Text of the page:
With rising taxes, skyrocketing healthcare costs, prickly secretarial picks and prospects for congressional stalemates on economic issues, Americans are being reminded that elections have consequences. If the religious parties do not receive enough support and Netanyahu is able to form a coalition with the parties of the left, there may be terrible consequences for many of the causes we hold dear.

This past Sunday, the Rubashkin family completed the achdus Sefer Torah that was written as a zechus for Shalom Mordechai ben Rivka. The Sefer Torah was paid for by members of Klal Yisroel of all ages and stripes who sent in sums large and small for the Achdus Sefer Torah campaign. The siyum was celebrated by a small group comprised of Lubavitcher chassidim, Satmar chassidim and a couple of Litvaks at the Rubashkin home in Monsey. It is hoped that in the zechus of the achdus that the Rubashkin case has engendered, coupled with the Sefer Torah, tefillos, tzedakah and maasim tovim performed on Shalom Mordechai’s behalf, he will be zocheh to be reunited with his family bekarov.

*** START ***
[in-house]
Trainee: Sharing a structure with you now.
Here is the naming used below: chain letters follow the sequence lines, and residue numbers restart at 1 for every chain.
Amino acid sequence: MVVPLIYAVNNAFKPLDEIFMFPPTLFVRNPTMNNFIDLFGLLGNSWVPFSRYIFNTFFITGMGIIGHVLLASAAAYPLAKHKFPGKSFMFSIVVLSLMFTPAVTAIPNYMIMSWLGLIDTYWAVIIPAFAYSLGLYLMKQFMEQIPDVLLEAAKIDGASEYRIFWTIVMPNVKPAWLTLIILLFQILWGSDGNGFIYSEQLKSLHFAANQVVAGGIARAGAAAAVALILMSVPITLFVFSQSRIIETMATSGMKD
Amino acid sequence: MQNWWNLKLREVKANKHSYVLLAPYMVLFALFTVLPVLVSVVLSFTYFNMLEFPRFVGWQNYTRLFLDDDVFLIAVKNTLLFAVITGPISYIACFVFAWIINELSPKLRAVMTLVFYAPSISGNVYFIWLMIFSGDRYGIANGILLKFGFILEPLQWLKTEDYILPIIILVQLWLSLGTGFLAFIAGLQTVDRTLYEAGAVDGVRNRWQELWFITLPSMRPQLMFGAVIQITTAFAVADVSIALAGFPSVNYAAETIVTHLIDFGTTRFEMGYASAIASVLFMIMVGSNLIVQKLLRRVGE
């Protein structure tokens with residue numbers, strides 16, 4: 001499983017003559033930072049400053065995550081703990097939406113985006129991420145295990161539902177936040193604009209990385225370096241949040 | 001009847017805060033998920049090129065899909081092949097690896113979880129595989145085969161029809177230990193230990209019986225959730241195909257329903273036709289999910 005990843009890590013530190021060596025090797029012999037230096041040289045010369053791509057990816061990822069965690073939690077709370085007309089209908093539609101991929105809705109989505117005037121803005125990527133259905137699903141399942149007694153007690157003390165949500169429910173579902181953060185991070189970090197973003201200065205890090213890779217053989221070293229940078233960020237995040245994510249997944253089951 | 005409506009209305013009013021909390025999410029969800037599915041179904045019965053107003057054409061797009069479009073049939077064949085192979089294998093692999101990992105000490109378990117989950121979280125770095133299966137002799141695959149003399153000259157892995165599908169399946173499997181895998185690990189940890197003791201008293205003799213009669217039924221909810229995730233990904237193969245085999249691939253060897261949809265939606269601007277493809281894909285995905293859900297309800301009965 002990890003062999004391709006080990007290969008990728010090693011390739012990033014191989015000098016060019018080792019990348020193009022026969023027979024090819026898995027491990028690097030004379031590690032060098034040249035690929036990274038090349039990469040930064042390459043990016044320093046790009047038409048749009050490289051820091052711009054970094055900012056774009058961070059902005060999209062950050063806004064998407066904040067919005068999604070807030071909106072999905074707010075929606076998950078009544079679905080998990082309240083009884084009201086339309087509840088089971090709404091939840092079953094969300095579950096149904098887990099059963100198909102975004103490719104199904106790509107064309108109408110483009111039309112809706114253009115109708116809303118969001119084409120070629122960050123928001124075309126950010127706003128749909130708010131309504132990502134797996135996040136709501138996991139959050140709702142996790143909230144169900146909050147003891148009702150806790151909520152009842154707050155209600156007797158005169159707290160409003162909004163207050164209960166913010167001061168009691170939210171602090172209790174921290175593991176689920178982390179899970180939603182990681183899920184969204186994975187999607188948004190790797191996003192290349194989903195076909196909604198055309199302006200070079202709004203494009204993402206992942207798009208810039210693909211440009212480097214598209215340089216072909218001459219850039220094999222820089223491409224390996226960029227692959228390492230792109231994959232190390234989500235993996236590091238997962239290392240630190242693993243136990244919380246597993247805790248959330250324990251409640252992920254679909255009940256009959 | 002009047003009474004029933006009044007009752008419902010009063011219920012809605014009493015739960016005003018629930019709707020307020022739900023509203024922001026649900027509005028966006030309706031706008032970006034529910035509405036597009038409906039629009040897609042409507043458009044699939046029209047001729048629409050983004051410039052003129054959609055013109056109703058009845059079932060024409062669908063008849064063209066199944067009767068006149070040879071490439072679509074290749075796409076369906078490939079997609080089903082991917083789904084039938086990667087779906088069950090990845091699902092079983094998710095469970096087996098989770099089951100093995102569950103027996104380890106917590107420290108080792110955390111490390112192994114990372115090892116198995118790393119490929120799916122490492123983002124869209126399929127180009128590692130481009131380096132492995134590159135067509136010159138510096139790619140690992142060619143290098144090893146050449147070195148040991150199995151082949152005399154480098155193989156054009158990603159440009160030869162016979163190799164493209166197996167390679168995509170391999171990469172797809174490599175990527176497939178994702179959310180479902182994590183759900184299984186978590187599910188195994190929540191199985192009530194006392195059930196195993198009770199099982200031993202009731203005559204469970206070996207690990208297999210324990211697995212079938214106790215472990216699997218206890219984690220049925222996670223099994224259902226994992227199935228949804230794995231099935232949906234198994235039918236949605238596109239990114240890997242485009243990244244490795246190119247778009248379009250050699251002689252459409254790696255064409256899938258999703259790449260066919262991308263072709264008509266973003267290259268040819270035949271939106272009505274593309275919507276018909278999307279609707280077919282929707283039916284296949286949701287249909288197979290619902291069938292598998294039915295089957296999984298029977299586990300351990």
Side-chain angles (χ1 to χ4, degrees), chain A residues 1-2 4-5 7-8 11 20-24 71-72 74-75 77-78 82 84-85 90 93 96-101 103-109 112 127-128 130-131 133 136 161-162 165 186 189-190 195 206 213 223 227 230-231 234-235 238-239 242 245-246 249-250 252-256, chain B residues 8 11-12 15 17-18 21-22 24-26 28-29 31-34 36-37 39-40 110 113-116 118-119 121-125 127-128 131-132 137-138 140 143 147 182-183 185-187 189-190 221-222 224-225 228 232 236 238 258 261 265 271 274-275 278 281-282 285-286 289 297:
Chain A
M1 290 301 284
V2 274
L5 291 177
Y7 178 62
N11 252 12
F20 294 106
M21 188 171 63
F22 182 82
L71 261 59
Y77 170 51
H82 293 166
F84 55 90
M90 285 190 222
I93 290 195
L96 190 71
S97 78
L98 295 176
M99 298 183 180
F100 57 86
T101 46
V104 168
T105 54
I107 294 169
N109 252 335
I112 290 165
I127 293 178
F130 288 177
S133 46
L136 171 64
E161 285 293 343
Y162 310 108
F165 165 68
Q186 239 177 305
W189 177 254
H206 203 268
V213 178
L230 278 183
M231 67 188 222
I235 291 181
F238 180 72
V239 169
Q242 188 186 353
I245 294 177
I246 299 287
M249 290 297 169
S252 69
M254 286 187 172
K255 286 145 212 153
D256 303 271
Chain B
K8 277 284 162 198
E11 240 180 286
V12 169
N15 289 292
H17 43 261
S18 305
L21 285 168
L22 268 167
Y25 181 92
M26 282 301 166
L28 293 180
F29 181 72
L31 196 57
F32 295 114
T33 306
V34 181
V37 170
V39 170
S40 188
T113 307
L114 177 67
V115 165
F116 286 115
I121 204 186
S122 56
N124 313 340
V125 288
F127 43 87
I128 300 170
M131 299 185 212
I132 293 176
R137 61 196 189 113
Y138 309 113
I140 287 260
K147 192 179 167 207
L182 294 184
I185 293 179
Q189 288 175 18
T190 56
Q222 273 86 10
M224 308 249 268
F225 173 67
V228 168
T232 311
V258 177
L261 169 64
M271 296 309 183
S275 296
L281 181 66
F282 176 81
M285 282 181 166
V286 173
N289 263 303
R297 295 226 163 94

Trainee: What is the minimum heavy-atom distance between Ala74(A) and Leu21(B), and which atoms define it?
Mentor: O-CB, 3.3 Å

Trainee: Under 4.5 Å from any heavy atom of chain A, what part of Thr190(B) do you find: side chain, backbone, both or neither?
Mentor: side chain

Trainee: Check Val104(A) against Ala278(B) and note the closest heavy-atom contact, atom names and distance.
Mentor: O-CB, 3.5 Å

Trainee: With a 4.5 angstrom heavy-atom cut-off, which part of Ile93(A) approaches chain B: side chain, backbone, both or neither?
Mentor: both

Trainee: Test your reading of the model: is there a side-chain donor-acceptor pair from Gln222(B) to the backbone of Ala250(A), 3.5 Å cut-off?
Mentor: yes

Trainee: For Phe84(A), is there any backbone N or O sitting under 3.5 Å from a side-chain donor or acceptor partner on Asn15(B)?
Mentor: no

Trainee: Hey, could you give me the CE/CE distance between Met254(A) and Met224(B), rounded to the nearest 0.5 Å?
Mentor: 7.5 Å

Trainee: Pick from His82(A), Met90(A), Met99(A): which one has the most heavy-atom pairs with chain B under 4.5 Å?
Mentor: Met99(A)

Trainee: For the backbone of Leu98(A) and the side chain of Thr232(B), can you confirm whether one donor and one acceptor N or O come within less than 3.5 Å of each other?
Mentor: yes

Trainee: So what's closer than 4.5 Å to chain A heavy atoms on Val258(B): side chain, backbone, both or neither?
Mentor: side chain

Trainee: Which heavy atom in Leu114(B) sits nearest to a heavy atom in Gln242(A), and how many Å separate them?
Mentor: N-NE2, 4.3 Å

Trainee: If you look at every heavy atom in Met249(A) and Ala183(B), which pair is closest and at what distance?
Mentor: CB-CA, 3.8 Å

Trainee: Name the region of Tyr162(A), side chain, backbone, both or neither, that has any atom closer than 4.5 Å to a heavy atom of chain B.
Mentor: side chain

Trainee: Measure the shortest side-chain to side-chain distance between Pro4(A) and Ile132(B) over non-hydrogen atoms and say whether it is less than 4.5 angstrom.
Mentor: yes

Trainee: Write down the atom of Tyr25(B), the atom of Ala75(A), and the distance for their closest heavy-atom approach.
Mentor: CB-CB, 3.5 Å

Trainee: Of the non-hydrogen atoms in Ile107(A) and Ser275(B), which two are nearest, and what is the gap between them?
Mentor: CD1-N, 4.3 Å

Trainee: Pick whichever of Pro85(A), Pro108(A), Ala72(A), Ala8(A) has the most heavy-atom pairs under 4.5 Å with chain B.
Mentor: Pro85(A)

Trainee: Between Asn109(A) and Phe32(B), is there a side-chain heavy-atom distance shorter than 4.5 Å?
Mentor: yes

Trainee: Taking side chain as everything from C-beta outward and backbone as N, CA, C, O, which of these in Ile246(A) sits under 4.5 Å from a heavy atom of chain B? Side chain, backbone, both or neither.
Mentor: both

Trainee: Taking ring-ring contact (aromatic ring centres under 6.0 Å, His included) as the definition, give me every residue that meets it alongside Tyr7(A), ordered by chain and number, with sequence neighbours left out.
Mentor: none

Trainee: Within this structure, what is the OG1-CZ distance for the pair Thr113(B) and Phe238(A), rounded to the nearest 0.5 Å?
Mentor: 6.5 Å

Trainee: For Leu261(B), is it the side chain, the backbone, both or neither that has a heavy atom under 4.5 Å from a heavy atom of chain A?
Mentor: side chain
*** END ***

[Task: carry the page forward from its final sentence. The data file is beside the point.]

Klal Yisroel must also join b’achdus to combat New York City’s assault on bris milah. Though initial efforts to protect the ancient tradition failed, we remain focused on the goal and undeterred.

May we merit witnessing the growth of achdus and the successes it engenders.

Wednesday, January 09, 2013

Focused on the Goal

by Rabbi Pinchos Lipschutz


We are all no doubt familiar with the Chazal that  among the catalysts of the Bnei Yisroel’s redemption from Mitzrayim was that “lo shinu es shemom, lo shinu es leshonam, and lo shinu es malbushom,” they didn’t change their names, language or mode of dress.

Throughout tens of centuries of golus, Medroshim such as this one have served to remind us of who we are, where we come from as children of Avrohom, Yitzchok and Yaakov, and our mandate to stand taller and prouder than those who surround us.

This Chazal can be understood on its most basic level as conveying that man’s name, style of dress and language form his personality. Every nation prides itself on these outward displays of their national identity. Though beaten down in servitude, the Bnei Yisroel realized that they had their own destiny to fulfill. They didn’t permit their inhuman travails and hardships to cause them to lose sight of their own destiny.